Not just pregnancy, the impacts of certain nasal sprays are also quite potent during the breastfeeding period. So, limit your use of nasal spray as much as possible during pregnancy.

How is Pregnancy Rhinitis Different from Actual Allergies?

Sometimes, many pregnant women experience a condition called pregnancy rhinitis. The interesting fact about this condition is that it mimics the symptoms of allergies.

According to studies, around 26% of pregnant women experience pregnancy rhinitis. Some of the most potent symptoms include:

  • Congestion
  • Runny nose
  • Sneezing
  • Itching

Some of the most common reasons behind the onset of rhinitis during pregnancy is due to the excess secretion of hormones that trigger the mucus-producing glands in the body.

Also, the increased blood volume in the body during pregnancy can also lead to common signs of allergies like congestion and sneezing.

Typically, your doctor will start you on antihistamines to combat the “allergy-like” symptoms. However, if the medications don’t show tangible improvement, then it could be a sign of pregnancy rhinitis instead, which involves a different route of treatment.

Skin Allergies and Pregnancy

Pregnancy rashes aren’t a myth but an actual condition that several women are diagnosed with. Pruritic urticarial papules and plaques of pregnancy are two of the most common types of skin allergies that most pregnant women struggle with.

As the fetus grows, so does the pregnancy belly, which leads to stretch marks. Most of these skin rashes and allergies happen around the stretch marks.

Relying on medicine for skin allergy itching is a justifiable expectation. However, since most allergy medications aren’t safe for consumption during pregnancy, your doctor will likely stick to topical ointments to reduce the rashes and itching.

In some cases, your doctor might prescribe a low dose of antihistamines to prevent further deterioration of the skin rashes.

What are the Non-Drug Treatments for Allergies during Pregnancy?

If you seek medical consultation with allergy symptoms during your pregnancy, chances are that your OBGYN will initially suggest natural remedies or non-drug treatment options.

Some of them include:

  • Getting a humidifier to relieve the congestion in the nose and chest
  • Saline nasal sprays to relieve nasal congestion
  • Exercising to reduce nasal inflammation
  • Sleeping with extra sleep and keeping the head at an elevated angle
  • Acupuncture

Besides these, your healthcare provider will also prioritize the importance of preventing any allergy triggers that could set off the symptoms. So, listen to your doctor’s advice and follow their suggestions to ensure your pregnancy is safe, healthy, and comfortable.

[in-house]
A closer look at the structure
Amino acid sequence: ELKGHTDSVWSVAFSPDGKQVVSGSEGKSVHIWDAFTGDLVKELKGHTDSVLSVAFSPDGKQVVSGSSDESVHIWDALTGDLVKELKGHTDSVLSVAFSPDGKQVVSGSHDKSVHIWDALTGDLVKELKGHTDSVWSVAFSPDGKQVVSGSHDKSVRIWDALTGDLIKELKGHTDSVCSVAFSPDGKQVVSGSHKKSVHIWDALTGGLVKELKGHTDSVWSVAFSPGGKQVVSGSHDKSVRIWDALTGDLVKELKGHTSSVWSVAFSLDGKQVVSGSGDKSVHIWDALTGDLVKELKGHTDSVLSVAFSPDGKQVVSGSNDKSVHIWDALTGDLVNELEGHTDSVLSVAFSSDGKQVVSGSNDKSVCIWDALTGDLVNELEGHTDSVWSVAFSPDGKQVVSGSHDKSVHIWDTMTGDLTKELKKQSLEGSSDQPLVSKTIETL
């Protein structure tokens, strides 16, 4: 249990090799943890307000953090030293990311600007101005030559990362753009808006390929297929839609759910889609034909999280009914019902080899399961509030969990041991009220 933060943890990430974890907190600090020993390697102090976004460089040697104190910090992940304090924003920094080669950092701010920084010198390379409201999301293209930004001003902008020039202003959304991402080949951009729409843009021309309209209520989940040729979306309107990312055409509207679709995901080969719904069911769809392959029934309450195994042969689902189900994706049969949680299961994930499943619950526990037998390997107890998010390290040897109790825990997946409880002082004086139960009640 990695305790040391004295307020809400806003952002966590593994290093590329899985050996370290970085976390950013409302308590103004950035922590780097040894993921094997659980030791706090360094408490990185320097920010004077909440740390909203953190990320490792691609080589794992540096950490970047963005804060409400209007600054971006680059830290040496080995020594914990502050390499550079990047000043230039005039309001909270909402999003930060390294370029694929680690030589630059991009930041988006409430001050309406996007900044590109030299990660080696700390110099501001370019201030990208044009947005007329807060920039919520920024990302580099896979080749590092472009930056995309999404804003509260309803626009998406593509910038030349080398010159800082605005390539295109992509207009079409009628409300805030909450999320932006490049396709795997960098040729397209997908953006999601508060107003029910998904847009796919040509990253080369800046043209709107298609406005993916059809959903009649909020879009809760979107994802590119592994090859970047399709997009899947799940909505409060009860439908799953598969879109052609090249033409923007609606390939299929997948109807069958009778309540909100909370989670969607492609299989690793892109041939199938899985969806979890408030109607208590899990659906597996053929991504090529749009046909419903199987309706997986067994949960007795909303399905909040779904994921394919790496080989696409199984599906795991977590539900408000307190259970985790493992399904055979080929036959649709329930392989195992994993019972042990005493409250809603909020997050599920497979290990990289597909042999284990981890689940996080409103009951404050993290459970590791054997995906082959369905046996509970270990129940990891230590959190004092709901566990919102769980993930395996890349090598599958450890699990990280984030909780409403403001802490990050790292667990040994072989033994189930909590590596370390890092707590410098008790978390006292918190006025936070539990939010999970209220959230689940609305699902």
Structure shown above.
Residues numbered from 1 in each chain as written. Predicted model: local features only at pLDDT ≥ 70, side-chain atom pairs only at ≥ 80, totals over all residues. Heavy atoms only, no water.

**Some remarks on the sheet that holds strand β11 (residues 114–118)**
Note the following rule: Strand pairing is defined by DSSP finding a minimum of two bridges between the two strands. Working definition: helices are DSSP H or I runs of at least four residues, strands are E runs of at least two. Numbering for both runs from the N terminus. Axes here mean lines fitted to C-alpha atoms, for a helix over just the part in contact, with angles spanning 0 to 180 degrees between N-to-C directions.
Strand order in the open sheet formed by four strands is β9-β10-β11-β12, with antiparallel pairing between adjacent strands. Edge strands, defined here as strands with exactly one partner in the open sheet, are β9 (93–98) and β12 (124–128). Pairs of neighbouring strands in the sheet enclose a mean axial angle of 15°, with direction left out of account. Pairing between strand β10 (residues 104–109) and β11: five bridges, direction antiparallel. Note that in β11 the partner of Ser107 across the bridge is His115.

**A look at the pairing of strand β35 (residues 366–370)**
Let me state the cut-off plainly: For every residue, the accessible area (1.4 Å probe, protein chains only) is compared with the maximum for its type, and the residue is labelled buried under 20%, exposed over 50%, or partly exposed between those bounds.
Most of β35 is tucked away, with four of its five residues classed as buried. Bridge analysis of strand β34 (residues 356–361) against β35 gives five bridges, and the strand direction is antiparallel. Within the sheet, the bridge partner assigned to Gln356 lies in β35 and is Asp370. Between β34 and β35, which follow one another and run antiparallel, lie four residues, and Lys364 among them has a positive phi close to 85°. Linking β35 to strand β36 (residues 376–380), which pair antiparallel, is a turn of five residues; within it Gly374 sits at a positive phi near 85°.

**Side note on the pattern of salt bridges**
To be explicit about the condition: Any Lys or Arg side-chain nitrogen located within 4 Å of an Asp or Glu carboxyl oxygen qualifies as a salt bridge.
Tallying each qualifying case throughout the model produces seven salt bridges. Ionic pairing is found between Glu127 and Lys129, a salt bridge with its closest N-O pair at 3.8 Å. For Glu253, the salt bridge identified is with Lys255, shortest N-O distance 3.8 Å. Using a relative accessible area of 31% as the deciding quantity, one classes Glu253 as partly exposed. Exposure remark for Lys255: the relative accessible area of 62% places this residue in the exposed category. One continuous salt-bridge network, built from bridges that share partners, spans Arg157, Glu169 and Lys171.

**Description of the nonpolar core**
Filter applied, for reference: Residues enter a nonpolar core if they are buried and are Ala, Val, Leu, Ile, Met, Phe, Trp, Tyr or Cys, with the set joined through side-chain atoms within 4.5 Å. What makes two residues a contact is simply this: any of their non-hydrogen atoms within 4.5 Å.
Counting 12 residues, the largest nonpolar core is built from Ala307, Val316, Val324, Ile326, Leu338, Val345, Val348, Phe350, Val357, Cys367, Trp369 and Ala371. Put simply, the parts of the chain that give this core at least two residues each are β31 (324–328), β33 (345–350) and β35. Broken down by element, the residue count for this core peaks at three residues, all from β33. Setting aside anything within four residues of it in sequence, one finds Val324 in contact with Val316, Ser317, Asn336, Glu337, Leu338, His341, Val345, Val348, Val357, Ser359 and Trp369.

What should I use for Skin Allergies during Pregnancy?

Topical skin allergy medicine is ideal for reducing the risks of rashes, hives, itching and irritation that most women experience during their pregnancy. In rare cases, your doctor might prescribe an antihistamine to reduce the recurrence of the allergy.

How can I treat Allergy during Pregnancy?

If you notice your allergy symptoms getting worse, the first line of treatment is to discuss the symptoms with your OBGYN. Avoid taking random over-the-counter medications without getting them checked by your doctor.

Can allergies cause a miscarriage?

There are no conclusive studies or scientific evidence that show a correlation between allergies and miscarriages in women. However, there are certain allergy medications, which aren’t safe during the pregnancy period.


Allergy treatment during pregnancy is limited and selective but not absent. Ideally, we’d always recommend that you seek out your doctor’s advice on the situation before you take any medication. Also, stick to non-drug treatments and home remedies since they are a lot safer compared to most drug-based allergy treatment options. We hope this article gives you a comprehensive understanding of allergy medication and its impacts on pregnancy. Make informed and safe choices for you and your baby.

Somapika Dutta (B.Sc Physiology, Honours)
Somapikar holds Bachelors Degree in Physiology from University of Culcutta. She has 6+ years of experience writing in different niches, including health, tech and lifestyle. An animal enthusiast and a raging foodie, experiencing life - one day at a time.